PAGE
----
the corporate AI arms race has assured that all responsibility and foresight has been thrown out the window in favor of being the "winner"of having the most popular and powerful AI.

Honestly I don’t care if artists use AI so long as the AI isn’t the ONLY one doing the job. Using it as a reference point and adding flavor is what I’d love to see artists do…although some just post the AI art as is. That is laziness.

if it's being used on a large scale project consistency would make it almost impossible to rely on completely - at least in its current state. i'd like to imagine most people would be able to spot games and such that rely 100% on AI to generate art, and call them out for it.

It’s the major studios’ responses to this new technology that I’m most concerned about—getting a job in the art world, especially in 2D/concept art, is already extremely difficult to break into as it is without AI art being a thing, partly because companies like Disney and Dreamworks arbitrarily decided around the turn of the century that 2D animation was “dead,” especially the frame-by-frame version that requires human in-between animators. As @rtil mentioned, there will always be a taste for more “human”-looking art somewhere, and it is extremely encouraging that in recent years that traditional frame-by-frame 2D seems to be the medium of choice for indie animations on NG and YouTube, plus the occasional “decent-budget” release like Klaus on Netflix.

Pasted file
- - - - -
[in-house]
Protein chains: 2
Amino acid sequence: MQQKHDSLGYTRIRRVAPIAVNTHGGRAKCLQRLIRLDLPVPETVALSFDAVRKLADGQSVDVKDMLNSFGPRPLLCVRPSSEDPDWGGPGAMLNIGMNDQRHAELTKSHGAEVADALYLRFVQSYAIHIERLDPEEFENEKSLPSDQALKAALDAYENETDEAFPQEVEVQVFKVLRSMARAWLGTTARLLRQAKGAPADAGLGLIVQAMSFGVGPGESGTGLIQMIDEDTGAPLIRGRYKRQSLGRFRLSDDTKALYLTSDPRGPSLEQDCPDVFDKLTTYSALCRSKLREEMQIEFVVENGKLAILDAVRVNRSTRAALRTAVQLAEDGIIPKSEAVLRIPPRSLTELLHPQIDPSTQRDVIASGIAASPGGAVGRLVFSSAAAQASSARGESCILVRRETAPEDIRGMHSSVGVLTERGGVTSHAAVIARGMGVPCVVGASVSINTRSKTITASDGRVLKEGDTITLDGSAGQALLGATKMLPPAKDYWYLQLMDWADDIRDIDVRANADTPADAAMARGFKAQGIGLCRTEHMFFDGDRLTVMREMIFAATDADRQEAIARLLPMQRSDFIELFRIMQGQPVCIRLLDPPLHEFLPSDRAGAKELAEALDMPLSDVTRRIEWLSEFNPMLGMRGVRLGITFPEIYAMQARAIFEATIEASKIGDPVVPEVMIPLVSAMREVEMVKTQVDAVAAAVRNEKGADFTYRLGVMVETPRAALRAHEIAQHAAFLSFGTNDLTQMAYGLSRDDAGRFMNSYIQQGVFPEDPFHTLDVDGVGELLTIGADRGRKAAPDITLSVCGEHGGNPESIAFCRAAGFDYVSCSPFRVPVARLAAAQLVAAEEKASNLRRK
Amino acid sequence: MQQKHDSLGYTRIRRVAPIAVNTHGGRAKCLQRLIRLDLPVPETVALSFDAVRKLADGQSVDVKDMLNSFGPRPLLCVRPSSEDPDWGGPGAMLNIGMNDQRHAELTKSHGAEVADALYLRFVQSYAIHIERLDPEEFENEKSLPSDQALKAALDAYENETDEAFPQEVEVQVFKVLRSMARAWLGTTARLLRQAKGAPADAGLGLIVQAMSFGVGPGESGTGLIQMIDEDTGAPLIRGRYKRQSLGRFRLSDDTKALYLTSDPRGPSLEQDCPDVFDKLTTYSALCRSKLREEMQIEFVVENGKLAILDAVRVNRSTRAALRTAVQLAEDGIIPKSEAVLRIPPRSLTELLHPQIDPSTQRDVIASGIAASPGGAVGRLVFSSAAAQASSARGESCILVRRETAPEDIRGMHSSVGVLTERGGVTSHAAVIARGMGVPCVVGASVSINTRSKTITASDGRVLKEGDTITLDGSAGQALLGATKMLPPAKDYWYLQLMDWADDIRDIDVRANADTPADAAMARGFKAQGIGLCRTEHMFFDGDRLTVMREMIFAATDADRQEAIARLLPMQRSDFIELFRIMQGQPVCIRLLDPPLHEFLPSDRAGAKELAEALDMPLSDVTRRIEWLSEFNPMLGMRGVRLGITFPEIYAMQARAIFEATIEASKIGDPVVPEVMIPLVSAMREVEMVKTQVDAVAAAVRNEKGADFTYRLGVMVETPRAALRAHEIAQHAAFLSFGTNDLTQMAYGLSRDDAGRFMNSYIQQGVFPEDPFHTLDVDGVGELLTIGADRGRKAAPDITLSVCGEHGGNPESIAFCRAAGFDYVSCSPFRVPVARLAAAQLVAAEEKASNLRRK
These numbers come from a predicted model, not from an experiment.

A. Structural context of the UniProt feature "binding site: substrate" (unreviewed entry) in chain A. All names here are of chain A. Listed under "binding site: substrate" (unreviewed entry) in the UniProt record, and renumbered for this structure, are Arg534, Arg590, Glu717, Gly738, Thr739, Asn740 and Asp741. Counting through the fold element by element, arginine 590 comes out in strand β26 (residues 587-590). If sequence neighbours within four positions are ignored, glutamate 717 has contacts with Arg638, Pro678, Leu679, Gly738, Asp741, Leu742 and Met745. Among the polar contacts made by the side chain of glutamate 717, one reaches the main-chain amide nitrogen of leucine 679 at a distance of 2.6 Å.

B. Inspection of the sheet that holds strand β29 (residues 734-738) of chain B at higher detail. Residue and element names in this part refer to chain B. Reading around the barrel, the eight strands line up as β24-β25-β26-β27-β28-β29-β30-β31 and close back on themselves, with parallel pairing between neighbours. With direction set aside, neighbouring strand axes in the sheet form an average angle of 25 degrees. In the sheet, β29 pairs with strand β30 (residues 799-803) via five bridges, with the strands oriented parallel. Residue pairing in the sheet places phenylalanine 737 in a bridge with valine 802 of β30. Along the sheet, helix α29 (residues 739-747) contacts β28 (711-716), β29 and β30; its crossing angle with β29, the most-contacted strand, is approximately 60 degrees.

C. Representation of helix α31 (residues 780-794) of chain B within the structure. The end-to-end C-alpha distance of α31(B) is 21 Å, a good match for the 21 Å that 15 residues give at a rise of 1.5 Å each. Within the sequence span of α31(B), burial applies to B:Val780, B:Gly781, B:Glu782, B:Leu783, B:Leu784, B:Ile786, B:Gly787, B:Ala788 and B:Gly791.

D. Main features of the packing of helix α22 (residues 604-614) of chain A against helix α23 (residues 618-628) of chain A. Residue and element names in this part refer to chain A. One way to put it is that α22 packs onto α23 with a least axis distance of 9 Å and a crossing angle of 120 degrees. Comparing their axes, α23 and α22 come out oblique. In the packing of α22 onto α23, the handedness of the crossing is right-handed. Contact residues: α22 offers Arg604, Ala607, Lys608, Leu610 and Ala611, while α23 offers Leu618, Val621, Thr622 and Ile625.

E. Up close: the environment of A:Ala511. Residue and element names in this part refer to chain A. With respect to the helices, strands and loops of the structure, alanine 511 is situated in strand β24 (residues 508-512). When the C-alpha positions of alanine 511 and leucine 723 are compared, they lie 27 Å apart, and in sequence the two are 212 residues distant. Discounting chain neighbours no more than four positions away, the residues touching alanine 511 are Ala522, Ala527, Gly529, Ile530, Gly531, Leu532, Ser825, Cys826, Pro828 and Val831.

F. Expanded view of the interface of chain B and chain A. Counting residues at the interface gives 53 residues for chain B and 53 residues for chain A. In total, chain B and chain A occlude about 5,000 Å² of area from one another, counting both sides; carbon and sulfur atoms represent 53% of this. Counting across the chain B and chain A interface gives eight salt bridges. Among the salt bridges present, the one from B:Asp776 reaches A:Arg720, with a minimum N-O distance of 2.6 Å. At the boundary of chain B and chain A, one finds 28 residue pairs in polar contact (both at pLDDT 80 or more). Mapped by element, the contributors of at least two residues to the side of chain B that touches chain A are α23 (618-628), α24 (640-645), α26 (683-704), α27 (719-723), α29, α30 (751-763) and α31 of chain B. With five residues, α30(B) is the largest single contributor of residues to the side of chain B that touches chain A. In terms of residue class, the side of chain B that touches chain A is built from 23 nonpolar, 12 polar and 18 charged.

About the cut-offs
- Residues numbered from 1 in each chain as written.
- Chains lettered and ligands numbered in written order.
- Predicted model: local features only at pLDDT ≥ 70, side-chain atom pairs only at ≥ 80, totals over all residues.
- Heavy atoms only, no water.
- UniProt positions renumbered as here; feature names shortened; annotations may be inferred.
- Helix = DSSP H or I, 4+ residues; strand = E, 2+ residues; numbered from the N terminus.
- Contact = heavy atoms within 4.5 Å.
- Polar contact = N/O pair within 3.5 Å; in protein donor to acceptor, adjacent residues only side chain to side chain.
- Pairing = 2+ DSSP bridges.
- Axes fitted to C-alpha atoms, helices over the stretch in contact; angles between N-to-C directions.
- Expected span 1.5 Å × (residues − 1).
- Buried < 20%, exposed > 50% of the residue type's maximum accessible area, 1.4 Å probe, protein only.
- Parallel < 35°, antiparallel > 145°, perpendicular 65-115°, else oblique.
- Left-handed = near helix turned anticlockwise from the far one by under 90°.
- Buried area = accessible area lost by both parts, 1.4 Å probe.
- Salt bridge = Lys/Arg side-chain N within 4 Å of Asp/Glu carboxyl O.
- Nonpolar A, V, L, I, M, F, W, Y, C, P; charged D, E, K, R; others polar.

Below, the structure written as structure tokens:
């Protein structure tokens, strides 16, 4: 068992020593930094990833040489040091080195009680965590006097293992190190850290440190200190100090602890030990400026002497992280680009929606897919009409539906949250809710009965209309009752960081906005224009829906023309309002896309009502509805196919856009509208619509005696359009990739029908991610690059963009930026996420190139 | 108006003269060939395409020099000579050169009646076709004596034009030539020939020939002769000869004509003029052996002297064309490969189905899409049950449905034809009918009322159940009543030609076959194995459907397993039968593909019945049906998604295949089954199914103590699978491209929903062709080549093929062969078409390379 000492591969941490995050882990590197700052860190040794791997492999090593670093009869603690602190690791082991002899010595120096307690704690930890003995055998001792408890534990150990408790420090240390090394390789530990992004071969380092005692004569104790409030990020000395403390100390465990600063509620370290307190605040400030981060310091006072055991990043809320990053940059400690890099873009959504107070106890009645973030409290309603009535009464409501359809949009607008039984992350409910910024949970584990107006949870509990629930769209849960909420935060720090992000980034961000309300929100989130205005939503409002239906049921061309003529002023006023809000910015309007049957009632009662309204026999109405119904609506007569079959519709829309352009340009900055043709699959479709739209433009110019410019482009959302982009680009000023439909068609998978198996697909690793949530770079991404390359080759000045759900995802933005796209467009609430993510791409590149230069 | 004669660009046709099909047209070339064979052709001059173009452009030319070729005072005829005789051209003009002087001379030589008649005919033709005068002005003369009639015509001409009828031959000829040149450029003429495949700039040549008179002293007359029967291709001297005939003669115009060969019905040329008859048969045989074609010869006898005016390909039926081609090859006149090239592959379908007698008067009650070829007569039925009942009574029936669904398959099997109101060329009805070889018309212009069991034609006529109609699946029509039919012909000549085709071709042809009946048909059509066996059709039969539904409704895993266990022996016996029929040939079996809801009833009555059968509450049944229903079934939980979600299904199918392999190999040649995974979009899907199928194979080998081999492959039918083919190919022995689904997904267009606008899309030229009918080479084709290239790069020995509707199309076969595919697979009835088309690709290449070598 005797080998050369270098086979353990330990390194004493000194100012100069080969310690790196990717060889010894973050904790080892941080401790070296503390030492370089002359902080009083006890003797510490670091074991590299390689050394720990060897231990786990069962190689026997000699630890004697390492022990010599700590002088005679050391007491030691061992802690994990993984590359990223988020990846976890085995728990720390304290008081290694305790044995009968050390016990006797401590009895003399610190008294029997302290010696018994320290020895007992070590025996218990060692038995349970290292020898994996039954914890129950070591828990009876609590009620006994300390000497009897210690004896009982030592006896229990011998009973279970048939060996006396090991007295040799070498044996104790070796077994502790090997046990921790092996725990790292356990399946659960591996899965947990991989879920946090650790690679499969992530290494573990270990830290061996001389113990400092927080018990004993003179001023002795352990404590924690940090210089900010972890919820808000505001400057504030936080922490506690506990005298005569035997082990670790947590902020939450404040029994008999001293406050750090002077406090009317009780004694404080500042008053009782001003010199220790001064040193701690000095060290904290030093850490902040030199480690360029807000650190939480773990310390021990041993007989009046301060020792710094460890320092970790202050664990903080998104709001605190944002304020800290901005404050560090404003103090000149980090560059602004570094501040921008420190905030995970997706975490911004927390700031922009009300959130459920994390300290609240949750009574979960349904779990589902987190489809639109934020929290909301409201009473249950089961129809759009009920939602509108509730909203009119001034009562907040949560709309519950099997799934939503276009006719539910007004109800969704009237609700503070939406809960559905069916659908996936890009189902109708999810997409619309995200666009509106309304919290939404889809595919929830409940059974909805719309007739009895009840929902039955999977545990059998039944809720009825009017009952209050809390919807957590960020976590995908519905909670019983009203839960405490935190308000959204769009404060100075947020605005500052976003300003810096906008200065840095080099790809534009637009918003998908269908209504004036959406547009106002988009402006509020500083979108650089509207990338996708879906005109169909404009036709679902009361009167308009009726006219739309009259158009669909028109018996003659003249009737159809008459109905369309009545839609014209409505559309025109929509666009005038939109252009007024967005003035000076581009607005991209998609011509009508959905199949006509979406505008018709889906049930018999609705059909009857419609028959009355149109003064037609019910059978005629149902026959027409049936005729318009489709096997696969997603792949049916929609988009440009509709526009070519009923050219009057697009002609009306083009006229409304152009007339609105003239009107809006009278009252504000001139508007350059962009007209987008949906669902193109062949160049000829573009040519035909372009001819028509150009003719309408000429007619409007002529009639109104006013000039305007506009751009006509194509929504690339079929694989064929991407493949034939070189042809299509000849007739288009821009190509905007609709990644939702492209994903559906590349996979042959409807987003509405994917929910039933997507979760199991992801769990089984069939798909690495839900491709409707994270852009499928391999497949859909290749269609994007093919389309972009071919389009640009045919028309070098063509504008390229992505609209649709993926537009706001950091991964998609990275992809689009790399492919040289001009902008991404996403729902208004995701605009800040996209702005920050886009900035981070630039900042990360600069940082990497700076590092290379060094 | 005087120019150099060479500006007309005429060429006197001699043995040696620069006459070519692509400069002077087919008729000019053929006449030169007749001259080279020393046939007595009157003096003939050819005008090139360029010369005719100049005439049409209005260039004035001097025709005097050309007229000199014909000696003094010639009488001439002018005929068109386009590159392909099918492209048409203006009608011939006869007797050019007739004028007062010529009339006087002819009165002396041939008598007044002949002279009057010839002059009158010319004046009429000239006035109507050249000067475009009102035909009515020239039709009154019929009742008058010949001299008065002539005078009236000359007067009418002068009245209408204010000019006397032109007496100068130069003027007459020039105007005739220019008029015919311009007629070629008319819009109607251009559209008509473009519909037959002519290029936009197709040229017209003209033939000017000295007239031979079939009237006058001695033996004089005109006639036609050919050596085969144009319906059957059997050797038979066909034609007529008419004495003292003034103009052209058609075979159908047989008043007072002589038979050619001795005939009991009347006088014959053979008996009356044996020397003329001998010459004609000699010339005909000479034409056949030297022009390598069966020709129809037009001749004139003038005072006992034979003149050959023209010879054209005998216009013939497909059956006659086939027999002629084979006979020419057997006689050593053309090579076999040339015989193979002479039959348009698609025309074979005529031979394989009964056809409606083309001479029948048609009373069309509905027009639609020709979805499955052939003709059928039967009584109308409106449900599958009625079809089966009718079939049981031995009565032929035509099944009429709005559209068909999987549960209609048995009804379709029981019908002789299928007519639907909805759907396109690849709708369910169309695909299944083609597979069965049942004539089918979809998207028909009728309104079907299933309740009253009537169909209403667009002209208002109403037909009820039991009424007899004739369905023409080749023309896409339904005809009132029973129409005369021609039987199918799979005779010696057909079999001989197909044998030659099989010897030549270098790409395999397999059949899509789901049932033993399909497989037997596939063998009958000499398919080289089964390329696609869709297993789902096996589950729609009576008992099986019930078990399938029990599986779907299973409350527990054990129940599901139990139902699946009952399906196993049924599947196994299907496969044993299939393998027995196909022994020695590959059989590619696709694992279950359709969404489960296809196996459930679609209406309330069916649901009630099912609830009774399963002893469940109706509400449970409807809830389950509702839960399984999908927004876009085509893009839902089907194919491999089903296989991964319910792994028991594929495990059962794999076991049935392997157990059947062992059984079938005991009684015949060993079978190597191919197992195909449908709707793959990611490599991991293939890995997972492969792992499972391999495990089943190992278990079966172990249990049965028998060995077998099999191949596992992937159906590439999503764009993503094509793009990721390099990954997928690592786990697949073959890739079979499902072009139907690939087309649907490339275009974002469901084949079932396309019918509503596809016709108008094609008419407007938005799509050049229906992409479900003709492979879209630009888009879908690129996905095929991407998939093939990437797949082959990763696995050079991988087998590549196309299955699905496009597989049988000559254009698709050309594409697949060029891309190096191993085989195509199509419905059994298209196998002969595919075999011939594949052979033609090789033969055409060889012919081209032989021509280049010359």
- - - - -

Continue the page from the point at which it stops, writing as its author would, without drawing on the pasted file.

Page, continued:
But animation in general is very time-consuming, expensive (even if you use the likes of Blender—gotta pay for the computer and increased electricity bills, for example) and requires a ton of teamwork, plus it seems like the best indie artists on the web got the necessary training, discipline and marketing skills for the craft by working for “The Man” (Disney, Dreamworks, Blue Sky, Lucasfilm, etc) before “going indie.” I fear that, despite their constant talk about diversity and inclusion, the higher-ups may decide that the works produced from AI are sufficient for the average Hollywood popcorn flick and indiscriminately deny all humans, either aspiring young artists or veterans still currently in the industry, from the privilege of doing what they love full-time with a sufficiently-large team and (hopefully) enough pay and benefits to pay the bills while living in the most expensive cities in the world like LA or Vancouver.